Diesel Engine - Development 2
In this chapter we begin to search once again for another possible motive for Rudolf Diesel's death. The latter is the right word, as it is not quite clear that it was suicide. The date alone makes you sit up and take notice.
This death almost falls into the final phase of the preparations for the First World War. And which technology is playing an increasingly important role here as well?
Yes, it is the submarines that are rapidly outgrowing their prototype existence. Now, think about what kind of propulsion system would be best for that. But to the Admiralty's chagrin, Rudolf Diesel was a pacifist. Now there
are two possibilities: Either he killed himself because of the pressure he was under, or was killed so that the way was clear.
The latter has proved to be true in any case. Over the years and decades, Diesel engines gained enormously in range, even up to the Second World War. It is said that it were up to 11,000 miles, and since sea miles are
probably meant, just nearly 20,000 km. That's 3.5 times across the Atlantic. Now you'll understand why German submarines reached almost the southern tip of South America.
The next conquest of the Diesel engine interests us even more. It is connected with the invention of the vortex chamber by Harry Ricardo in 1931. The antechamber used up to that point was changed quite a bit. Due to the
side-valved motors, which were still common at that time, it can be spherical in shape and can be moved slightly out of the middle of the cylinder.
The connecting duct between it and the main combustion chamber is in one piece, much larger and opens tangentially into the chamber, creating an enormous swirl. The air and the injected fuel are heavily mixed and
combustion is more economical. The new engine is being tested in a Citroën Rosalie, where the very flexible engine suspension (keyword: floating engine) has just been introduced.
Ricardo's company still exists today under 'ricardo.com'. Unfortunately, at the time of our research, a mouse click on 'Our history' does not lead to any result. The company's engines were in better shape then. There was no
serial use at Citroën, but there was a lot in London double-deckers, where the greater economy of the engines compared to earlier gasoline engines was of great benefit. Of course the taxis soon followed the example.
No, almost all passenger cars after the Second World War were petrol-driven, in Germany Diesel from Mercedes and later Peugeot were still rare. The trucks and construction machines were already further along, as they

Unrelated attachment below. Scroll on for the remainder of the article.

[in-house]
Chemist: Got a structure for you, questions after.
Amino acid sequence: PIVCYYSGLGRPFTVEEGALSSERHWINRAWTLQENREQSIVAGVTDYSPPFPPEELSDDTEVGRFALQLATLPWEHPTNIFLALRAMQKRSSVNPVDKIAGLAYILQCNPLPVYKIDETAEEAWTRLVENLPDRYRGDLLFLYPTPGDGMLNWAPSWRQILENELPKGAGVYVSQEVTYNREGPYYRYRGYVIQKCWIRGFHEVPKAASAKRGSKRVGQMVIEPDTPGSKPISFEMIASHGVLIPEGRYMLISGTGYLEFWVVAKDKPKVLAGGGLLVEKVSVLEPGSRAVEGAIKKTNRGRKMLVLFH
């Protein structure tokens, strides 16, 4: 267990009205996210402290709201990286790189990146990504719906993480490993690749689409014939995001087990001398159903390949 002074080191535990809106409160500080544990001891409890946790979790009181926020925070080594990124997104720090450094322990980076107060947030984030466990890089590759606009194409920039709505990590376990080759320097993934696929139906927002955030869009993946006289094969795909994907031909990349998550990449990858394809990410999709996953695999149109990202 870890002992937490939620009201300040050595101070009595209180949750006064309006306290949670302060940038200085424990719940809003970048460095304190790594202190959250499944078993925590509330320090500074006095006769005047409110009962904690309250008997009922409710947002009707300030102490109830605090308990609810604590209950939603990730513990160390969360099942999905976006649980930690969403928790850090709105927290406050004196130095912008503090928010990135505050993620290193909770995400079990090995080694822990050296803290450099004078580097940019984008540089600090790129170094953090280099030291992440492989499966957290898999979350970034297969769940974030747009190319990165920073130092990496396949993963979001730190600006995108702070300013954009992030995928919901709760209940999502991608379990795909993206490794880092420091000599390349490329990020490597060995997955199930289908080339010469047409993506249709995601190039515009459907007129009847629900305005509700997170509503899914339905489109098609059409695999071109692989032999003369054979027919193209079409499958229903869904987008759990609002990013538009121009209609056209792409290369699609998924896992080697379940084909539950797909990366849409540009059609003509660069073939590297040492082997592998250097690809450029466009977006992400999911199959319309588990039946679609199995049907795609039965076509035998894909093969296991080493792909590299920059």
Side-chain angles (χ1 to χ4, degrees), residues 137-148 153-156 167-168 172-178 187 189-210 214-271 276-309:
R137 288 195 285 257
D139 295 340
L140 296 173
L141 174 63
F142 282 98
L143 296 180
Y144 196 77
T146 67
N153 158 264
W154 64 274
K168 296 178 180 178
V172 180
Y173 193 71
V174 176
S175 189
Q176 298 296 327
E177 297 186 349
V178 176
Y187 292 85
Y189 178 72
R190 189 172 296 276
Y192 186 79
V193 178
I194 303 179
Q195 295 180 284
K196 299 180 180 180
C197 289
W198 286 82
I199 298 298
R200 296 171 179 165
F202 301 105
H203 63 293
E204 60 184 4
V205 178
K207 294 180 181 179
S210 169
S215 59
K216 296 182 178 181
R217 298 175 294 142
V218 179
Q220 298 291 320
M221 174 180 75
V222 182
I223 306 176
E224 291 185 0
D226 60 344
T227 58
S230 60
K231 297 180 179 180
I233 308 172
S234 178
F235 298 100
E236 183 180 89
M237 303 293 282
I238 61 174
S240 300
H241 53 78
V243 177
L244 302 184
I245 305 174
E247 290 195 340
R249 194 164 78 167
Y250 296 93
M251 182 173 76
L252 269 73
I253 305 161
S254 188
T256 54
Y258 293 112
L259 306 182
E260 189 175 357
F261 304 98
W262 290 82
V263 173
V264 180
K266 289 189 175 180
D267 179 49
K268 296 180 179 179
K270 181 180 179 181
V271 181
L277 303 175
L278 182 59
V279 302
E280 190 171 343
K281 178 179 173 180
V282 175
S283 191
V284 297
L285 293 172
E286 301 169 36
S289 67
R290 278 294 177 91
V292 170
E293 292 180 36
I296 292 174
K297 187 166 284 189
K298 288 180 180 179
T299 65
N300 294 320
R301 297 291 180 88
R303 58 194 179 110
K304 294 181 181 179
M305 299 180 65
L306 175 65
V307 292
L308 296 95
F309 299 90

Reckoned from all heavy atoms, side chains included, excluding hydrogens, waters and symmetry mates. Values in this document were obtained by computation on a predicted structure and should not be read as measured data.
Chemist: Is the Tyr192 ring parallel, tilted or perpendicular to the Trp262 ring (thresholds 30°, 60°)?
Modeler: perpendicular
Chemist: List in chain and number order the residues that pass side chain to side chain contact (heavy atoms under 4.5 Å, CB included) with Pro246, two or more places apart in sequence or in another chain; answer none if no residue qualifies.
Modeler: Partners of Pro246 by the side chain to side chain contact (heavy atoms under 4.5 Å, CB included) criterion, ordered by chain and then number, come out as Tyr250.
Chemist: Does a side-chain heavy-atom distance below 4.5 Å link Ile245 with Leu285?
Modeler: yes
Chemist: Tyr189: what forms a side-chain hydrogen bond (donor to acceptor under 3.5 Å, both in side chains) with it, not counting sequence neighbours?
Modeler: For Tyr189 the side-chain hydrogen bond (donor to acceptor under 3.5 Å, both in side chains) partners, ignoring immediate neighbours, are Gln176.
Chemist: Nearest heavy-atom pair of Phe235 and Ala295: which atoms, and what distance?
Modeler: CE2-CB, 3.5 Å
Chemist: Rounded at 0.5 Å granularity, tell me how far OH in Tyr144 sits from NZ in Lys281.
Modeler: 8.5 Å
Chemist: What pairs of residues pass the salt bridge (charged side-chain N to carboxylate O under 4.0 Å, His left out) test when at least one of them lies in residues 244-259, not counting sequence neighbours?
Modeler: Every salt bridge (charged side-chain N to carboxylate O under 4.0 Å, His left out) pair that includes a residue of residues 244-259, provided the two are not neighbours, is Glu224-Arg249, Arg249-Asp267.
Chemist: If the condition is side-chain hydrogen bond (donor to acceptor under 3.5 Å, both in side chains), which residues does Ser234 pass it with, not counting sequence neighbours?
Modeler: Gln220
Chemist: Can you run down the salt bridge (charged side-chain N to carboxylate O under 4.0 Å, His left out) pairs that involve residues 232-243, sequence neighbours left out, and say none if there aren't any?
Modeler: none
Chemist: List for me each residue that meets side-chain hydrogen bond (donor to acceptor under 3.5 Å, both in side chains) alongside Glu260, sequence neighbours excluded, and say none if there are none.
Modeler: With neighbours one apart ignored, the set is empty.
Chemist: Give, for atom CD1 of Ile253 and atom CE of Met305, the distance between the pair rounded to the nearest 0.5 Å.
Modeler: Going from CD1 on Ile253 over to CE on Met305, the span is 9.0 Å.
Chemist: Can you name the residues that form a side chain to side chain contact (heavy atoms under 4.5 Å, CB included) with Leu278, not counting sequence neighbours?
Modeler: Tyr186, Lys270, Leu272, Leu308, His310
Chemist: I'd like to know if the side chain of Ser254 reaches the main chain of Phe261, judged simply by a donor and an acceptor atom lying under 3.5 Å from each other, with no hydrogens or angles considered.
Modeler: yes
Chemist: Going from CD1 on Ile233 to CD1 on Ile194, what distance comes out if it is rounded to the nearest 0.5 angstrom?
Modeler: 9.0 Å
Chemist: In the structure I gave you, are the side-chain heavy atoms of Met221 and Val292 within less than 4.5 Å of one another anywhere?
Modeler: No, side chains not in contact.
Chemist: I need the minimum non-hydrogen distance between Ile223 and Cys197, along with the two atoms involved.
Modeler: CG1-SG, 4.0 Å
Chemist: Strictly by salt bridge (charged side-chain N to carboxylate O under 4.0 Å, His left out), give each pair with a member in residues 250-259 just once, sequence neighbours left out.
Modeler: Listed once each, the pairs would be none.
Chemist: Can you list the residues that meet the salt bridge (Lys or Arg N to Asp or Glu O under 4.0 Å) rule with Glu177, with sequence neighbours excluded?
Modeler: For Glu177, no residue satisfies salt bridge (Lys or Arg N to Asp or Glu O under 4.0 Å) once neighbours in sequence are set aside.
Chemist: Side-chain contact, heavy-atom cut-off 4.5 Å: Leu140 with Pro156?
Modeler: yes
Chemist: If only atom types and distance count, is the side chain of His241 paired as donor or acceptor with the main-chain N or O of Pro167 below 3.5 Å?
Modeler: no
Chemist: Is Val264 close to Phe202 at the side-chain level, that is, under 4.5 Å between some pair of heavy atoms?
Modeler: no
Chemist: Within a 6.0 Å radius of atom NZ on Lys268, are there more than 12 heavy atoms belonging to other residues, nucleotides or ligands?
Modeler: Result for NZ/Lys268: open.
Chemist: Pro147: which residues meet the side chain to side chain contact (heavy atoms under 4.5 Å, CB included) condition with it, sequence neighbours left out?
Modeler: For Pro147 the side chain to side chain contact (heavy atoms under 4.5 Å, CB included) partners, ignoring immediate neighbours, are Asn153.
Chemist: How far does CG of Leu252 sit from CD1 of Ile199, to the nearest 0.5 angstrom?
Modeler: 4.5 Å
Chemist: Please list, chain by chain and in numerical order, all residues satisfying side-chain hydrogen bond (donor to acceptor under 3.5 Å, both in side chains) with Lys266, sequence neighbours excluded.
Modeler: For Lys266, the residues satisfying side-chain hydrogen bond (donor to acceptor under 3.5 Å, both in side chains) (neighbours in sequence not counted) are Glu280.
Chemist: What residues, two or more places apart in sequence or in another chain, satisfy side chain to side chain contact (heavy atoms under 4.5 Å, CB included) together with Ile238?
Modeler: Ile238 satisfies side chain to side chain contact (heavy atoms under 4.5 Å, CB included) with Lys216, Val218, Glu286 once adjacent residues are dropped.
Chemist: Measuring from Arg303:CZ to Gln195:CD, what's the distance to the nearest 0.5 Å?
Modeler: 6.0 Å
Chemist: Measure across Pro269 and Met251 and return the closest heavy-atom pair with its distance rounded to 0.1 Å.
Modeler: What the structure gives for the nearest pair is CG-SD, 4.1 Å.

were needed more urgently for reconstruction. Of course, this applied all the more to agriculture, which had to get the hunger after the war under control.
In the phase after the replacement of the horses, the way here led relatively quickly to the Diesel engine. Europe was still characterized by smaller farms, where a tractor had to be small and inexpensive. All in all, the Diesel
engine was a blessing in agriculture, as it did not have to be fired up an hour earlier, nor was it as uneconomical and low-torque as a petrol engine.
Steam engines were even more likely to be used for processing, for example as threshing machines. Some of these had been pulled by horses. But that was the end of the widespread introduction of the Diesel engine in
agriculture. Today, some of the largest road vehicles are to be found there and autonomous driving is almost standard in the fields.
And then there is the revolution towards the direct injection engine, which started in truck in the sixties. Just how difficult the respective reductions in the Diesel engine were overall is shown by the time span of about 30
years that was needed to transfer the system to the passenger cars. And because the engine running was relatively rough in the beginning, they started with vehicles like the Ford Transit and the Land Rover.
And if we now add the turbocharger, possibly with adjustable turbine geometry, we have arrived at the present time, with engines in a performance range that was previously not considered possible. The greater torque
compared to the petrol engine has remained true to it and if it is now combined with an electric motor that is not too weak, it might even lose its turbo-lag.